That’s great that you’re starting early Abby! Becoming “stuff centric” is pretty darn easy in our culture isn’t it?
I love that you had your children chose the gifts to send to others. I think it’s so important to teach our children to give to others.
Me too Jessica! It’s sweet to see them process and reasons why they choose the gifts they do
I love this. Last night I printed out a blank calendar for December and made time to write a small act of kindness in every single day. Some bigger than others. Some very very small. But action items for the entire month.
Hi Carla – what a great idea. I love the idea of intentionally performing small and large acts of kindness. I’ll have to remember that for next year! Thank you for sharing!
I can’t wait to give to a foster child this year. I really have a heart for kid’s in the system so it’s nice to be able to give them a physical gift at Christmas.
That’s a wonderful idea Bethany!
Oh wow what a beautiful idea!
Lisa Froman says
What a great post. I will check out some of these charities– I love the idea of intentional giving.
Thanks Lisa. For me, if it’s not intentional, it doesn’t happen!
Thanks for such great words, Angela! You are so right, sharing our gifts is hugely important, whether it be a talent at something or money for a family across the world. I am music director at my church, and one way that I am hoping to spark others to share their gifts is to take them to sing Christmas carols at a local nursing home. It doesn’t cost anything but time, and is a beautiful way to share the joy of Christ with many who are forgotten. Thanks for the reminder to share our joy through giving!
We’ve done this before as a youth group and it is definitely a great way to use your gifts. I’m glad that you’ll be doing that Hannah!
lauren | talk of the trains blog says
LOVE this and love your heart! We like to give experiences as well and that has been great for us to invest and do as a family together. We also sponsor a child through Compassion and then some locally. This year, my little girl is old enough to understand it all and she has chosen the kids we will sponsor. I am looking forward to seeing her share with others this holiday season!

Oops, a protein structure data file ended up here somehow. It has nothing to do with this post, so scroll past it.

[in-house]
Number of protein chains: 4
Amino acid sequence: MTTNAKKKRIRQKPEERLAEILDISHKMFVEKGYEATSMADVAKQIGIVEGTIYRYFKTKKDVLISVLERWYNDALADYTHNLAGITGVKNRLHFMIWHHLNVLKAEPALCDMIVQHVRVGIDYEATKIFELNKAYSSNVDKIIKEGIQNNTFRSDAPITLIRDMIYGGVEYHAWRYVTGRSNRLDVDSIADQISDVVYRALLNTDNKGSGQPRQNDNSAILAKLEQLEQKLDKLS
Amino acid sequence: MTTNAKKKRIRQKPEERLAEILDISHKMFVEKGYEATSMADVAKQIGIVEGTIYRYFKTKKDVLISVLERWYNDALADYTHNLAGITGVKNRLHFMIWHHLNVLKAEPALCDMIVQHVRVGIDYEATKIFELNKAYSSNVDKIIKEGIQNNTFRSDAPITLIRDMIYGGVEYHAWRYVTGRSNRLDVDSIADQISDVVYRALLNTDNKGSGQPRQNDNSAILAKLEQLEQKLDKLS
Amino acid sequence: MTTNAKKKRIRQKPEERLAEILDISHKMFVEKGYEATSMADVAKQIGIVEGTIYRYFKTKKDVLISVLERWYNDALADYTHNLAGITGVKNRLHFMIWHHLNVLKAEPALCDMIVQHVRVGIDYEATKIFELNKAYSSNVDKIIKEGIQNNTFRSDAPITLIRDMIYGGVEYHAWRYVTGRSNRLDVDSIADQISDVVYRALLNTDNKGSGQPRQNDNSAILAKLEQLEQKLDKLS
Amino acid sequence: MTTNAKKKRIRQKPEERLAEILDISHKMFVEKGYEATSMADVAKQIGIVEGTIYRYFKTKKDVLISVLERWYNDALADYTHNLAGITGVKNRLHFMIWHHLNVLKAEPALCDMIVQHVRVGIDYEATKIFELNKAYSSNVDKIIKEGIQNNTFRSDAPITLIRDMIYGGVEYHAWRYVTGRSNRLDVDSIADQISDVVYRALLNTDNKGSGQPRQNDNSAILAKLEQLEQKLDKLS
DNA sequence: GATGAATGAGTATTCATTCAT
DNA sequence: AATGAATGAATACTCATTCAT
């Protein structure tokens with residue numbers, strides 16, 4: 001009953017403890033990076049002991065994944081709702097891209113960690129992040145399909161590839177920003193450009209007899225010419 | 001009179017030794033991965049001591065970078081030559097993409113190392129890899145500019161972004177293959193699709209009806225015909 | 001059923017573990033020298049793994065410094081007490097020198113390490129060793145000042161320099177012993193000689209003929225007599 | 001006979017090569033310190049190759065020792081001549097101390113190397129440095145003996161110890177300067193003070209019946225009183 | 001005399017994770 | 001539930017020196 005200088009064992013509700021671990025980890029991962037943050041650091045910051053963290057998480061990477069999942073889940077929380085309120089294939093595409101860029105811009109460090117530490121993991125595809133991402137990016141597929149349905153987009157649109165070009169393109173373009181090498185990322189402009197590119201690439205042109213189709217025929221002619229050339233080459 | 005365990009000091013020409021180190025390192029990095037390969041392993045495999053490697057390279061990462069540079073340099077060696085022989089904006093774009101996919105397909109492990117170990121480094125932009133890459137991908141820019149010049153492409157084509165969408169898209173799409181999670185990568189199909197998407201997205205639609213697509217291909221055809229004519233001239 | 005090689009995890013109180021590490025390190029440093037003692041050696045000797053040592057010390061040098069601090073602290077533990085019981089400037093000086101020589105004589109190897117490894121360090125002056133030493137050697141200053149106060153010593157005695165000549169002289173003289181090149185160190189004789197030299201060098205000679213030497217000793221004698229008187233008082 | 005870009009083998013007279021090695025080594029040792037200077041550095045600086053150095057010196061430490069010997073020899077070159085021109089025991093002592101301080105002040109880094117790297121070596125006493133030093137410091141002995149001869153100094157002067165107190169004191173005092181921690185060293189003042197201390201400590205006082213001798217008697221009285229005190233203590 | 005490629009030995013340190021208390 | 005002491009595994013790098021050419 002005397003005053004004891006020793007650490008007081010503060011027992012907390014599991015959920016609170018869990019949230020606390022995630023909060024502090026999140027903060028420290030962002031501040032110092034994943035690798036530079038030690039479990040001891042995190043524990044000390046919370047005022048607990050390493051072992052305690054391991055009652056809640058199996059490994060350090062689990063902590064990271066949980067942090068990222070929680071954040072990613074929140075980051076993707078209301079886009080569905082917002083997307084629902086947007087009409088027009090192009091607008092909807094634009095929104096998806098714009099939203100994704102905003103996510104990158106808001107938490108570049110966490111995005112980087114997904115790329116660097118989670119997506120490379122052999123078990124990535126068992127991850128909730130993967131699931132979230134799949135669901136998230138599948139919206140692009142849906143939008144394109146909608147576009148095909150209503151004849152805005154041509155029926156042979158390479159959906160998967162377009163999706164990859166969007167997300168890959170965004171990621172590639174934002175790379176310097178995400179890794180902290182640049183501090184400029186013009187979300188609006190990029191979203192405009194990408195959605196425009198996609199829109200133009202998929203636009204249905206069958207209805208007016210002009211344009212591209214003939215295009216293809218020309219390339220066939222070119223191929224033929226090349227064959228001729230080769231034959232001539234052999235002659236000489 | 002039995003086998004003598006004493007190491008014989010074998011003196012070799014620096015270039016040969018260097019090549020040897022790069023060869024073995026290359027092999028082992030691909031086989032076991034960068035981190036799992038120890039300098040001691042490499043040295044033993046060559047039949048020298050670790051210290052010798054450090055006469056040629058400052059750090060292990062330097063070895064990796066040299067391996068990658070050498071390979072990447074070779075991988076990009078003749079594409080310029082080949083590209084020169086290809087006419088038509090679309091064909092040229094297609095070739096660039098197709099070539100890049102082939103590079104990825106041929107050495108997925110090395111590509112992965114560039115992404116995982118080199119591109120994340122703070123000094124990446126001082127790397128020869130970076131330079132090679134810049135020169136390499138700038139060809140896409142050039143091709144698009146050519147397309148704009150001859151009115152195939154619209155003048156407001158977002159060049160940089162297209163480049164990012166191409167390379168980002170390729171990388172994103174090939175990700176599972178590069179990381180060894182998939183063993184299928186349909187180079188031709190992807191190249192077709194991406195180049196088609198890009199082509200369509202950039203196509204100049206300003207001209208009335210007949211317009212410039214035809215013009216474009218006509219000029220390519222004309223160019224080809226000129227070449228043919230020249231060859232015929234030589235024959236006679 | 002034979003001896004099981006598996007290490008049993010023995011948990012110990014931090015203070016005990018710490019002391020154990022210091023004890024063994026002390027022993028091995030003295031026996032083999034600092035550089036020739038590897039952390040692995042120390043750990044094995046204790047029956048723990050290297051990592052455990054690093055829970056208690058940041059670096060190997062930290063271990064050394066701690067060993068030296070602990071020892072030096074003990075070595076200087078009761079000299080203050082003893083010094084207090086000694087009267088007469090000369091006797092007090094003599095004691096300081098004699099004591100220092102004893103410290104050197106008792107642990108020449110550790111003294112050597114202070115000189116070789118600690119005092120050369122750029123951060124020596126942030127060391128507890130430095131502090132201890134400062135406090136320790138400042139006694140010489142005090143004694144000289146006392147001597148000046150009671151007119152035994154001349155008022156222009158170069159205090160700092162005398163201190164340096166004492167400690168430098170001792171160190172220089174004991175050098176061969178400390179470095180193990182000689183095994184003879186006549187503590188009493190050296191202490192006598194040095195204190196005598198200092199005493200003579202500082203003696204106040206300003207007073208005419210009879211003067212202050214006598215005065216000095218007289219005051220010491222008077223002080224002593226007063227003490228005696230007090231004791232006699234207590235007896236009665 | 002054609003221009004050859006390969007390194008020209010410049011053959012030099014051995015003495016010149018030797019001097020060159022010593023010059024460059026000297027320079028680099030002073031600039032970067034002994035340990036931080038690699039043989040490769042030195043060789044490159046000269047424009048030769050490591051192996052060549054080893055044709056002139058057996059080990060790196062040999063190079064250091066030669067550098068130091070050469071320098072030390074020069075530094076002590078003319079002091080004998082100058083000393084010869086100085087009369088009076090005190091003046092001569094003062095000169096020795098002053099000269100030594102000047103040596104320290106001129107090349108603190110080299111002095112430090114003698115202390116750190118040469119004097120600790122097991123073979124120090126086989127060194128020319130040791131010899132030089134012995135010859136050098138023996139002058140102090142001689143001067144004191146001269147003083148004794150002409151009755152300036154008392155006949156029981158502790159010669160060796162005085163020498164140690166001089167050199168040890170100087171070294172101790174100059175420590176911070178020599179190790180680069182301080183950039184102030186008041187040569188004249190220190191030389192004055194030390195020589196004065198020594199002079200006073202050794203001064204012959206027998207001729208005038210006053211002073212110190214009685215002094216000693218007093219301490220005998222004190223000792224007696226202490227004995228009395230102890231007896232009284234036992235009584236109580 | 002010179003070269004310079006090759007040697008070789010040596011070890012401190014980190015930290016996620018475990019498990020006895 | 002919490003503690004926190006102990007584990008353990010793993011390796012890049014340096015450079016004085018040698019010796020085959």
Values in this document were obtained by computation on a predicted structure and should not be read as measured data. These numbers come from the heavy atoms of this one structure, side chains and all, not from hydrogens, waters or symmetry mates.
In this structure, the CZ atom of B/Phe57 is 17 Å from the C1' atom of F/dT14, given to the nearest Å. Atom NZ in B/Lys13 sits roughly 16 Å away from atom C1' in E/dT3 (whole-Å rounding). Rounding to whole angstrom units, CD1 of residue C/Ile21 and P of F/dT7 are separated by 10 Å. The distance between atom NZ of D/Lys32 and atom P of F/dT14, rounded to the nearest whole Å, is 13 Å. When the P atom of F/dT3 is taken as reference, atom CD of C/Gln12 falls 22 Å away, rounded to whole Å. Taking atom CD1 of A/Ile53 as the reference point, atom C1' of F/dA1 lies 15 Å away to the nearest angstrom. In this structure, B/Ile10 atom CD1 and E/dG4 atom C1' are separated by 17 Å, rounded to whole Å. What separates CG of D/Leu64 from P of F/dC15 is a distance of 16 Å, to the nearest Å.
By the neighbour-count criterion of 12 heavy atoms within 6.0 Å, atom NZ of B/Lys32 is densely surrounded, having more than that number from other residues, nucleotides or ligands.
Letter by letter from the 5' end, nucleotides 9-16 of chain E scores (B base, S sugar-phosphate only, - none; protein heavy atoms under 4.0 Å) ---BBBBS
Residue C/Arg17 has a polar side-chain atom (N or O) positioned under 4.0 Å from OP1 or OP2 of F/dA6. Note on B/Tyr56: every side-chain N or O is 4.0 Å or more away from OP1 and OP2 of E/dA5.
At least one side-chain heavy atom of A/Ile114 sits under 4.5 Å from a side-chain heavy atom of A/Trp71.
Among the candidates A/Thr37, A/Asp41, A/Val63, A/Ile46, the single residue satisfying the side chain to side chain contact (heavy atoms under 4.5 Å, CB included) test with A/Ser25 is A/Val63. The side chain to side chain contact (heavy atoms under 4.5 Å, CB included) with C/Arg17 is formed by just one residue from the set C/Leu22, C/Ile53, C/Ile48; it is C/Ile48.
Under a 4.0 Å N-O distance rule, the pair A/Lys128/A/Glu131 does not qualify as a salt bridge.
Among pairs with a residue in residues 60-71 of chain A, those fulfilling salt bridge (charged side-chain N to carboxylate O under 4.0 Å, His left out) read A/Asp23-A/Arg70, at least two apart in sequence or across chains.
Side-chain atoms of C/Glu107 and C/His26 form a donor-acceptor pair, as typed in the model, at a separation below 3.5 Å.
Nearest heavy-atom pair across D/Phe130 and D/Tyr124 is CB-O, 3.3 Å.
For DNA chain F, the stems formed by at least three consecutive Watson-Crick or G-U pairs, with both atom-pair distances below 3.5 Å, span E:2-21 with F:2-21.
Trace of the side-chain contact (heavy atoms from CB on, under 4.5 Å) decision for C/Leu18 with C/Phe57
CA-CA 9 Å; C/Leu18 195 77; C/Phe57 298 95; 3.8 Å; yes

That’s so wonderful Lauren! It’s such a gift to see children giving and showing love to others.
lovely post! the best gifts are always the ones that are intangible or thoughtful, in my opinion!
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Thank you Tianna! I think so too.
Love this post from Tuesday Talk. Such unique ideas here. Will be featuring this on next week’s Tuesday Talk on my blog. Such inspiration here for many. Also pinned to our Tuesday Talk board.
Thank you Michelle! I’m so honored!
Sharing your gifts is such a great and unique idea!
It is Emily, I’m so glad my in laws suggested it that year. It was fun to stop and consider what gift to share. We all have them and I find that it’s easy to forget to share your gifts with those closest to us.
Deb Wolf says
Thank you so much for sharing this at Faith ‘n Friends Blog Hop. I love this idea. It’s a beautiful way to help children discover their gifts and grow them and it helps adults use them for fun and blessing each other. God’s blessings!
Thank you Deb!
Sarah Eliza @ devastateboredom says
Love this, *sniff sniff* Also love the writing exercise you did with your family… Going to have to borrow that idea!
Thank you for sharing such inspirational ideas with us at Friday Frivolity!! So glad you joined the party, and glad to connect. 🙂
Hi Sarah Eliza! Yes – use it! It’s a great exercise.
Love that letter idea! That’s fantastic! I remember doing something like that in high school, but I love the idea of doing it for adults as well!
Thanks for joining the Alder Collective link-up! Pinned, and we hope to see you again next week!
Thank you Kayla! I appreciate your party!
Giving is a gift that continues to have an effect long after the deed is done. When you think of Christmas you can’t help but think of the happy faces of children everywhere, but there are children born with a birth defect that face challenges other children will never experience. Donations to the Birth Defect Research for Children (BDRC) support research through the National Birth Defect Registry and special services to parents who have children with birth defects.